Identifying genes that put your heart at risk
About every 25 seconds, someone in the U.S. will have a heart attack or stroke. Half will die as a result, or approximately 620,000 people every year. This means that heart disease accounts for about 25% of American deaths.
Because heart disease poses such a significant health threat, finding ways to predict who is likely to have a heart attack or stroke remains the subject of intense research.
Even though February is the month formally acknowledged as American Heart Month, it is a disease that is on the minds of many researchers at the Broad every day.
Just this past year, Broad scientists and collaborators published several studies homing in on the genes that influence blood lipid levels, including low-density lipoprotein cholesterol (LDL or “bad” cholesterol), high-density lipoprotein cholesterol (HDL or “good” cholesterol), and triglycerides. Lipid levels are key markers of increased risks of heart attack.
In August, Broad researchers reported in the journal Nature on a genome-wide association study (GWAS) involving more than 100,000 individuals that helped identify 95 gene regions linked to blood lipid levels. Fifty-nine of these regions were identified for the first time as having a role in lipid metabolism, and 13 of them are strongly linked with increased risk of coronary artery disease. Researchers followed up on one of these 95 gene regions, showing a direct role in how it influences lipid levels.
In October, Broad scientists reported on a different approach to finding genes underlying blood lipid levels – studying a single family whose members have a rare disease that causes extremely low LDL levels. The findings were published in the New England Journal of Medicine and discussed in a Broad news story. They identified the gene, possibly a new therapeutic drug target, and expanded the database of information available regarding the link between genes and lipid regulation. Though this particular study relates to a very rare disease associated with extremely low LDL levels, it shines a light on genes associated with LDL metabolism, and could eventually be leveraged to help the estimated 71 million Americans with high LDL levels.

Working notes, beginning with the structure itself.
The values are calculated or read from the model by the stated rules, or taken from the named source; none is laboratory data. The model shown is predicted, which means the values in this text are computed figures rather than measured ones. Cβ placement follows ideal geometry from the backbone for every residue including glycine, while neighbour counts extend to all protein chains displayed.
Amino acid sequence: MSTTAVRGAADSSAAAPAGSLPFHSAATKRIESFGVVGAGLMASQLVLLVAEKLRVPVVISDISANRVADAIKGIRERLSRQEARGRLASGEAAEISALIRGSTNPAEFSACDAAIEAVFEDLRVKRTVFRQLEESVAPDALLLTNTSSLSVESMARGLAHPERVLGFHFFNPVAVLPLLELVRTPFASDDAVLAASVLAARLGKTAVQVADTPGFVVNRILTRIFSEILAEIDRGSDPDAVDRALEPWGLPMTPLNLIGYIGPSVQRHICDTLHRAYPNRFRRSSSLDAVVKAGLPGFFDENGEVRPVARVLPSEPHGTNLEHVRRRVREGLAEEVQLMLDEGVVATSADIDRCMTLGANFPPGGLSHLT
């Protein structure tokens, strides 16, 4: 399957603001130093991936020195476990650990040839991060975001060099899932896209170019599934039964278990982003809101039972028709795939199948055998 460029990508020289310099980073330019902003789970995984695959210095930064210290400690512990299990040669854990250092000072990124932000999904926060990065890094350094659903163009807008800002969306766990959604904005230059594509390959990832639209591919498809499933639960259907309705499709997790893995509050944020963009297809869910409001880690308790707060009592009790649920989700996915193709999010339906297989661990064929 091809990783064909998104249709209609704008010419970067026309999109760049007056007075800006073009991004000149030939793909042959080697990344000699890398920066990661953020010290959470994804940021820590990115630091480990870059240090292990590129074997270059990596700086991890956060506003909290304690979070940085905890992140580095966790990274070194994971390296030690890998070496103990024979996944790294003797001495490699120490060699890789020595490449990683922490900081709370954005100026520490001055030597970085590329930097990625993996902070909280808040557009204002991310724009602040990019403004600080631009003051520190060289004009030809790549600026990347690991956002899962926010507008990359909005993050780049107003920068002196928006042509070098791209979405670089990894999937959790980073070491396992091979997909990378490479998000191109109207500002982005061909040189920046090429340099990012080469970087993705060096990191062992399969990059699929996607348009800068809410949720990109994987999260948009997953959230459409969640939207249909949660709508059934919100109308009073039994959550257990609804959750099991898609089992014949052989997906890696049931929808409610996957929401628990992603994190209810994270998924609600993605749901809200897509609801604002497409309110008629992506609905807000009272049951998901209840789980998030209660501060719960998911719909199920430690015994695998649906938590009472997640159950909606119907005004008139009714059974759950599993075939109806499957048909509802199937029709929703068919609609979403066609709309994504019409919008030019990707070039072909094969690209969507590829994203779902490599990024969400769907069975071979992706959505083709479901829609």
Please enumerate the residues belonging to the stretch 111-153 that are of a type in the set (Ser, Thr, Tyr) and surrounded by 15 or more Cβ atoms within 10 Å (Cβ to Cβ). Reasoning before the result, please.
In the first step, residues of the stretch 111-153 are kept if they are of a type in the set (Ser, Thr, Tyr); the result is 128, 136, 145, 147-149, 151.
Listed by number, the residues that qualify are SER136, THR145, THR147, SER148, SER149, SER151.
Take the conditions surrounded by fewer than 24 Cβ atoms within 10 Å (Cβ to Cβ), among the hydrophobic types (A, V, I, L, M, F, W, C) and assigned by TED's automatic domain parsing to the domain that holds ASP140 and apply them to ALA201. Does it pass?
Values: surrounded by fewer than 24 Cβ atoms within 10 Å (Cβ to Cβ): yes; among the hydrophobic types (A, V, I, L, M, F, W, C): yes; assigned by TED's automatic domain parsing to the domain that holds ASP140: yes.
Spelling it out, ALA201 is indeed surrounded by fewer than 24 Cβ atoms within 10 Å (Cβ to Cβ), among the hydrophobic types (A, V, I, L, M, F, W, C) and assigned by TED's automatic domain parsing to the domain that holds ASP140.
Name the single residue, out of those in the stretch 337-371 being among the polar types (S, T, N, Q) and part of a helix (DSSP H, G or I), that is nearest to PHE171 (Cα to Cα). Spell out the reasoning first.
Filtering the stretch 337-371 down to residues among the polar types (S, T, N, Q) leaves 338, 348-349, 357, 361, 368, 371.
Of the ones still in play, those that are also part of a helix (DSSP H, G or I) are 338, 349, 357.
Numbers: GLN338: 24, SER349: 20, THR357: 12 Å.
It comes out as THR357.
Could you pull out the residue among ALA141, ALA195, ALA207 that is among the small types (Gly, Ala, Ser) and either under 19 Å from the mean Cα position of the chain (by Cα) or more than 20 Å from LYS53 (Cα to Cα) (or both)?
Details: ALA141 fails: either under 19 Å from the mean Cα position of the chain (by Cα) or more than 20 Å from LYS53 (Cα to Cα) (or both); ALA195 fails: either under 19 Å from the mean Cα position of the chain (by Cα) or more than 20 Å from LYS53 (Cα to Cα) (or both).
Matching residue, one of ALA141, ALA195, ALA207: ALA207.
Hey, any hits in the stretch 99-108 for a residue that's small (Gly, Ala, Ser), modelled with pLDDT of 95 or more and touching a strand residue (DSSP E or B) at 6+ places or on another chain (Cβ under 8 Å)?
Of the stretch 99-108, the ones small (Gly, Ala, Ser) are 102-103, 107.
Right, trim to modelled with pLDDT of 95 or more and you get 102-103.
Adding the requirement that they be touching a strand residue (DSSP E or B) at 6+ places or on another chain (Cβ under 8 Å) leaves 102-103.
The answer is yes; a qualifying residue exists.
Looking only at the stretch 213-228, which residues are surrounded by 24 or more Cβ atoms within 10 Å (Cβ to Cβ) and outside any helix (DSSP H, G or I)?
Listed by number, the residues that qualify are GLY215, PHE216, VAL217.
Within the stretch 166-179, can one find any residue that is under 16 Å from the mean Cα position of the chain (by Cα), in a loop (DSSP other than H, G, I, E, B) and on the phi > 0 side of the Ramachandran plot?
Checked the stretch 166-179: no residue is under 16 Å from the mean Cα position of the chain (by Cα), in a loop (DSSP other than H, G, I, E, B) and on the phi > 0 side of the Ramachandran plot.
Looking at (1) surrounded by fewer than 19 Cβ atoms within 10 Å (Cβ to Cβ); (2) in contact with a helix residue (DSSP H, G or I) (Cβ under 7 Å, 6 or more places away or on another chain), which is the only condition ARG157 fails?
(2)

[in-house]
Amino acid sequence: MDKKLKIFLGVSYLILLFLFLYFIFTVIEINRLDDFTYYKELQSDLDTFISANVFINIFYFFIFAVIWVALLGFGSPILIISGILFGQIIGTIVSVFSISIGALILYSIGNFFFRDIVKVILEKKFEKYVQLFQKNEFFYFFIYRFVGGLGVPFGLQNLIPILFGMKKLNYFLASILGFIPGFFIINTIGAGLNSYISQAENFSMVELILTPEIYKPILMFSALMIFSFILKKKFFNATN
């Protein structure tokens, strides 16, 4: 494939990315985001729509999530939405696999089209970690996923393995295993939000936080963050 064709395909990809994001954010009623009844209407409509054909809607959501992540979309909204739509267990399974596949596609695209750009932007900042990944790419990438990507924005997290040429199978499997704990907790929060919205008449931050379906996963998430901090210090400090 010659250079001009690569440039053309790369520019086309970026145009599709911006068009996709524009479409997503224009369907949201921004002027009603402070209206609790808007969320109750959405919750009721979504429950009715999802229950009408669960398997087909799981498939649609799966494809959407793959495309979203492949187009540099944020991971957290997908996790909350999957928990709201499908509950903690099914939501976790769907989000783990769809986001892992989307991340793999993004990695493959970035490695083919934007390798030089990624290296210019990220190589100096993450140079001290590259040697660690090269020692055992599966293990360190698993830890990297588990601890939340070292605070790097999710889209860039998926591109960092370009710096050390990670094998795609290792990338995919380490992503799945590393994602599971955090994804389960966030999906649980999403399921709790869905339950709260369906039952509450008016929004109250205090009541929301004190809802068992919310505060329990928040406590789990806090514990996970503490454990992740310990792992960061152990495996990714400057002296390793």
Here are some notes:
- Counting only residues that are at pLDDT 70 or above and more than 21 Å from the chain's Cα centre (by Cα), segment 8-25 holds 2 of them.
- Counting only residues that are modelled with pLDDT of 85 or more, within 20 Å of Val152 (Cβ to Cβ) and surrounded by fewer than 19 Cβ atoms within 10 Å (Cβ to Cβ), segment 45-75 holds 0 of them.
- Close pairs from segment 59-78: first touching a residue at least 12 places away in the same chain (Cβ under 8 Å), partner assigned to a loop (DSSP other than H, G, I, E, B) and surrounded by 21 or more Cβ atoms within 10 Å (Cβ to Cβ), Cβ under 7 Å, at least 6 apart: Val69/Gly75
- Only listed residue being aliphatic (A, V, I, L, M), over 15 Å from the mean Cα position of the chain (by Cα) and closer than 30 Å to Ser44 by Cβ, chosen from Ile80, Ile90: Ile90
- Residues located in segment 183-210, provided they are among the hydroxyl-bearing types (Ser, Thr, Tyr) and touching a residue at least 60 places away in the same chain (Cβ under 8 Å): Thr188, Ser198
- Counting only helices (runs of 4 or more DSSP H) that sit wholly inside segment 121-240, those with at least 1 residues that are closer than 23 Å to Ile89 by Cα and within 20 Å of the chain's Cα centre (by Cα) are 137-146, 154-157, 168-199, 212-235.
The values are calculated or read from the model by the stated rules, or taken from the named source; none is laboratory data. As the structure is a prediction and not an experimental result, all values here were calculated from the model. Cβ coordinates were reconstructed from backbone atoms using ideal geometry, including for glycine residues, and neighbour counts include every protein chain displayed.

Broad associated reserachers are now working with members of the Broad's Novel Therapeutics Platform to screen for small molecules that interact with several of the new lipid-associated genes in ways that could be of potential therapeutic benefit. This represents an attempt to close the circle from the initial discovery of the genes in human populations to developing new therapies that could reduce the incidence of heart disease.